By Rachel Wyon, Cambridge-San Jose La Flores Committee

Rachel2As part of the Sister Cities Election Observation Delegation, I was in El Salvador from January 28-February 5. Election Day on February 2nd was a spectacular day.  Twenty-two years after the signing of the Peace Accords - a short generation ago - and the FMLN and ARENA were working collaboratively to carry out their civic duty to make sure the elections were fair and transparent. Having the FMLN in the presidency for the past 4 1/2 years certainly helped set the stage; it was very moving to see young and middle aged on both sides watching the process all day, counting the votes one by one after closing at 5, and filling in the complicated reporting form "el Acta de Cierre"  - all with national and international observers; the PNC (National Civilian Police) at the entrance to the school where the voting took place. It was so well organized, with election workers checking ID's on the street under a shade tent before entering the school; each person was given the room number of their voting place, one of 4 classrooms in the school. All the names were on lists outside the classrooms - to verify again if needed. When the voters got to the classroom door, only two or three were allowed in at one time, to keep it open and spacious as they walked from the table where they turned in their ID (DUI) to the voting booth and back to the box, to sign, pick up their ID, and dip their finger in the permanent ink.  There was never a long line outside, voters streamed in from 7:15 am to about noon, hardly anyone from 12-2, and a few from 2-5. We expected a big push again at the end of the day, but it didn't happen. It was a beautiful warm February Sunday - and it was clear that the FMLN would win out of the 3. It's just too bad there wasn't more of a voting presence to bring them over 50%.

Watching the voters was very moving, literate and illiterate, old and young, mothers with their small children, handicapped people in wheelchairs. In another voting room a Downs syndrome woman was not allowed to go behind the voting booth with her mother, but had to vote in public (this was reported in our observers' report).  There were a few other minor infractions - such as ARENA poll workers voting in public before the doors were opened, soundly criticized by the Election Official in charge; when the public came in, everyone was clearly instructed to go behind the cardboard voting booths to vote in secret. We also reported that many voters did not know how to open the permanent marker, perhaps causing 2 of the ballots to be turned in blank - counted as abstentions. The permanent ink to mark the finger of the voter was also a difficulty - it was totally transparent at the beginning, turning black after it dried.  At the end of the count, I asked if I could dip my finger - which I did - and 5 days later it's still it does work!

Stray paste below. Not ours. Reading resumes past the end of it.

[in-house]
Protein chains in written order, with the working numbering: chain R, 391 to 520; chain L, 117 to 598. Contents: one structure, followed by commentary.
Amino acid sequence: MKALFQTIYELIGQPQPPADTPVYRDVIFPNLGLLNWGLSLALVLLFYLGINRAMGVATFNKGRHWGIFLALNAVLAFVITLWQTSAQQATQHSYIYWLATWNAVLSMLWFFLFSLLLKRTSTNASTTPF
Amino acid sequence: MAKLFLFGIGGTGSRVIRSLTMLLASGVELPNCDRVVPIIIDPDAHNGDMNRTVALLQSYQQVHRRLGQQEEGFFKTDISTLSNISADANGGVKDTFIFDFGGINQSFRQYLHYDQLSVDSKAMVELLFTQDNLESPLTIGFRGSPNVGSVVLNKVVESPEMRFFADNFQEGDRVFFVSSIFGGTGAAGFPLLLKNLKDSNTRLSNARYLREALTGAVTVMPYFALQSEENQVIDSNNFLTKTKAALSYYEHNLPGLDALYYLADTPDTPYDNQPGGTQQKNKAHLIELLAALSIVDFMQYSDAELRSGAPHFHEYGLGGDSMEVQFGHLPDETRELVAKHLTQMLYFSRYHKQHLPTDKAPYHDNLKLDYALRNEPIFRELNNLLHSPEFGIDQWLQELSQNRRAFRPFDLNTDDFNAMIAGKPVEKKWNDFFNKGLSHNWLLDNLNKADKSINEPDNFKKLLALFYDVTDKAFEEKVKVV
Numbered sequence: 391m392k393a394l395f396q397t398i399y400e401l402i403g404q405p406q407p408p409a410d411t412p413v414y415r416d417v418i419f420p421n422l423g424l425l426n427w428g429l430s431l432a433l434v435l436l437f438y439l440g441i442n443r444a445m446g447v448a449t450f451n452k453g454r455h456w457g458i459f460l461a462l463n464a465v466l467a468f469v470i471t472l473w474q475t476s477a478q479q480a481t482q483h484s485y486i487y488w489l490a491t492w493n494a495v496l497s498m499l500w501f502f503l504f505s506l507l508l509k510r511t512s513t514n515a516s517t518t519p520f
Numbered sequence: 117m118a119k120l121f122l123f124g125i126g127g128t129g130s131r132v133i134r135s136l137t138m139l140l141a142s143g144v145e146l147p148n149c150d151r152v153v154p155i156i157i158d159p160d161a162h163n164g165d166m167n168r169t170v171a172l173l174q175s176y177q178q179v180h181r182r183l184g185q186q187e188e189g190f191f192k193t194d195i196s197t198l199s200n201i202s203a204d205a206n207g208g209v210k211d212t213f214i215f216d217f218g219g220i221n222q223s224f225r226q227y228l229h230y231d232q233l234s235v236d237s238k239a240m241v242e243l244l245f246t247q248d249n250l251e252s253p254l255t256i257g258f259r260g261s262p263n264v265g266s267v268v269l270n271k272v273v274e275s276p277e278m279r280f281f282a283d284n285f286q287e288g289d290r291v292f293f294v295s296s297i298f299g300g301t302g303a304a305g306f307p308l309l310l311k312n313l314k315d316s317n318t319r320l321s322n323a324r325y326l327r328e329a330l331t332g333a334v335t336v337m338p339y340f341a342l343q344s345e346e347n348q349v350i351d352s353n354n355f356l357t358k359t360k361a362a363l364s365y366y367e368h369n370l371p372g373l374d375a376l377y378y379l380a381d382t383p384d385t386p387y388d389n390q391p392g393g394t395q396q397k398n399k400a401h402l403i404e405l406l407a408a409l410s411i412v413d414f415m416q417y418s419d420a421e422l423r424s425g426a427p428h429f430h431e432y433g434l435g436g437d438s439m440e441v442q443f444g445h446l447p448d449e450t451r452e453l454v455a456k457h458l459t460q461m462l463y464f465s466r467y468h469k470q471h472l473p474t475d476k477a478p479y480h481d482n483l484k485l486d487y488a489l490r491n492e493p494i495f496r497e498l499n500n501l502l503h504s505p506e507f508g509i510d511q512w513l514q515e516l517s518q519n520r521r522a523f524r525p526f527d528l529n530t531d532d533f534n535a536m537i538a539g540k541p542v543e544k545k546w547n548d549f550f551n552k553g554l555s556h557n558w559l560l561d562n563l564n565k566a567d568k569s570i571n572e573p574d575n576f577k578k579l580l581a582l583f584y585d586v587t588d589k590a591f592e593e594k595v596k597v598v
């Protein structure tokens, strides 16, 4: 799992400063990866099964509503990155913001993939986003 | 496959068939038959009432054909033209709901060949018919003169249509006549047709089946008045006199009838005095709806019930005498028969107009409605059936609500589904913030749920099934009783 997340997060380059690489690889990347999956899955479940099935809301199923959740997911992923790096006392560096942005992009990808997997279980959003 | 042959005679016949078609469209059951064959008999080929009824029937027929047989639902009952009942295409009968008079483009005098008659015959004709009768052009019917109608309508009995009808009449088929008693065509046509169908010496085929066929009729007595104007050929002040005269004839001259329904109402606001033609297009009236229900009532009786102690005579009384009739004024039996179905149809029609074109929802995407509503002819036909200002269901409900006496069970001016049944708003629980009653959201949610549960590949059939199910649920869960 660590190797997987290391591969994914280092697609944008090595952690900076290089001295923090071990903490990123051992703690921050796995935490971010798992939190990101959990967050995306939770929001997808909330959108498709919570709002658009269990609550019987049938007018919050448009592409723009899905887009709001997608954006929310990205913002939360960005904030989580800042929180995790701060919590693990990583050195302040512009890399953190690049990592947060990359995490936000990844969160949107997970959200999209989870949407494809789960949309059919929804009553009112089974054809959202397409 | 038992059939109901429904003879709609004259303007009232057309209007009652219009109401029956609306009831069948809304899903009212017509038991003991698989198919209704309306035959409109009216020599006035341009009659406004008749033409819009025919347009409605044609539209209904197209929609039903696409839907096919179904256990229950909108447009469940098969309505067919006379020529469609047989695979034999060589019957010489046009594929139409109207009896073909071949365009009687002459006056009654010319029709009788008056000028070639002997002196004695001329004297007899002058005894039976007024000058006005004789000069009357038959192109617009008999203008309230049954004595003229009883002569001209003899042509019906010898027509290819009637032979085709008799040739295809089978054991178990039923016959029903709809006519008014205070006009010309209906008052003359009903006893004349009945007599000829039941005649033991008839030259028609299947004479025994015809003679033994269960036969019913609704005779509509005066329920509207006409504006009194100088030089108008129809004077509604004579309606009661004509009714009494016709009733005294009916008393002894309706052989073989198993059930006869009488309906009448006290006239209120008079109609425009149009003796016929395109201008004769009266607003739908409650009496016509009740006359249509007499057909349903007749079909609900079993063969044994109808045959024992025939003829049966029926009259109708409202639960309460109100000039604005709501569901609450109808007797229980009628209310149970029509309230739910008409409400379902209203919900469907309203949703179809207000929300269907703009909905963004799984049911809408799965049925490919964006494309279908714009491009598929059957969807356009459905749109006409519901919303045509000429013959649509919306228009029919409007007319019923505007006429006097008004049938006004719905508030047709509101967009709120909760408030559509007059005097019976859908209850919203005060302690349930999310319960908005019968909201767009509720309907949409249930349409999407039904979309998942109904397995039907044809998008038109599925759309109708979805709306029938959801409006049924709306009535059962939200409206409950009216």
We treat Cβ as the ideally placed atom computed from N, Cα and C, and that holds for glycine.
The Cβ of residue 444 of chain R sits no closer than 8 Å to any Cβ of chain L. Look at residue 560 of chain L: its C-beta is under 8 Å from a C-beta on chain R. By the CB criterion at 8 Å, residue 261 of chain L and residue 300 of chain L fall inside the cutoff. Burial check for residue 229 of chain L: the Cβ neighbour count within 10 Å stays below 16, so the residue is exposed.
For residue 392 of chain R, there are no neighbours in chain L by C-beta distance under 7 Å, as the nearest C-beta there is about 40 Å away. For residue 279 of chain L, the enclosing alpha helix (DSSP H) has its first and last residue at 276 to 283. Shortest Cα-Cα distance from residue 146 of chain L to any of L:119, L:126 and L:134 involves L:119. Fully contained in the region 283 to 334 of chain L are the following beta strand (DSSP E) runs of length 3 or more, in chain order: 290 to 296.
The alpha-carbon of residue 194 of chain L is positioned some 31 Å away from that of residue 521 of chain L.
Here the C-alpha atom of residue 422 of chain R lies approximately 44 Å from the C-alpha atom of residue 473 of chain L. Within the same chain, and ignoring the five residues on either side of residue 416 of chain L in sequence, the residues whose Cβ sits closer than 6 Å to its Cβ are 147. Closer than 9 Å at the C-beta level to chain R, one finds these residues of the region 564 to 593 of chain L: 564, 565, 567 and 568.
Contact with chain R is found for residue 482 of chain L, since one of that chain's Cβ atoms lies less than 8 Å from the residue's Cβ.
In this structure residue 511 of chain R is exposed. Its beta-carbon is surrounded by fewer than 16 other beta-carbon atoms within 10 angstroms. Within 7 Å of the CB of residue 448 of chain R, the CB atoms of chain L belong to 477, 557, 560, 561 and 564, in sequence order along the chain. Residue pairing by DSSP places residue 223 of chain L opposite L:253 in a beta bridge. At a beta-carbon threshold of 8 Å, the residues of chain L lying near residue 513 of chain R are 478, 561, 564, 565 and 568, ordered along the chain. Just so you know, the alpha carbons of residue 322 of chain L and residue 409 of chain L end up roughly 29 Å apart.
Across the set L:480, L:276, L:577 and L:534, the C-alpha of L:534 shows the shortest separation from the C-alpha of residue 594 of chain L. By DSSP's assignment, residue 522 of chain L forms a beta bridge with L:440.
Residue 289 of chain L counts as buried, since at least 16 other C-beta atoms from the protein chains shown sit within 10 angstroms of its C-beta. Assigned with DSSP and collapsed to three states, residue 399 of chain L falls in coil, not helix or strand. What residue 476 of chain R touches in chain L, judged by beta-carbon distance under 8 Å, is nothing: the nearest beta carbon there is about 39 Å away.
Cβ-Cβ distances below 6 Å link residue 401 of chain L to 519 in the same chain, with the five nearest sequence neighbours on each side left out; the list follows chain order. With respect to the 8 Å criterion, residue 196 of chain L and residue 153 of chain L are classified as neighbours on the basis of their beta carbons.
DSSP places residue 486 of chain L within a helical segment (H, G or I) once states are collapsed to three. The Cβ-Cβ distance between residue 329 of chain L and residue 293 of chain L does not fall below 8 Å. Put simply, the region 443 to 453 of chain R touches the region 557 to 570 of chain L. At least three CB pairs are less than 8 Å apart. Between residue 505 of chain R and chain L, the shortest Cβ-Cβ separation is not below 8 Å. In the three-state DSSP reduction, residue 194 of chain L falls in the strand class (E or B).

Thinking about it now brings huge tears of joy for the present  --  and tears of grief for those who suffered and died in the war.  Just observing, even though I didn't hear the individual stories, the day was a kind of truth and reconciliation process, perhaps especially the counting of the votes - in this fairly strong ARENA area - to see the FMLN win 54% of the vote. ARENA-36%, and UNIDAD-8%. (Nationally it was 49%, 38%, 12%)  It was a low turnout - only about 50% nationally, somewhat higher in the San Vicente town where we observed. Of course we couldn't display our happiness in seeing the FMLN win over 50%, but with a quick glance at the FMLN member of the voting table and the FMLN "vigilante" part of the counting team, they knew were I stood. We had been instructed to watch carefully the entire count, the filling out of the form and the faxing of the form to the Election Tribunal -- all of which we had complete access to observe clearly. There was absolutely no possibility of fraud.  

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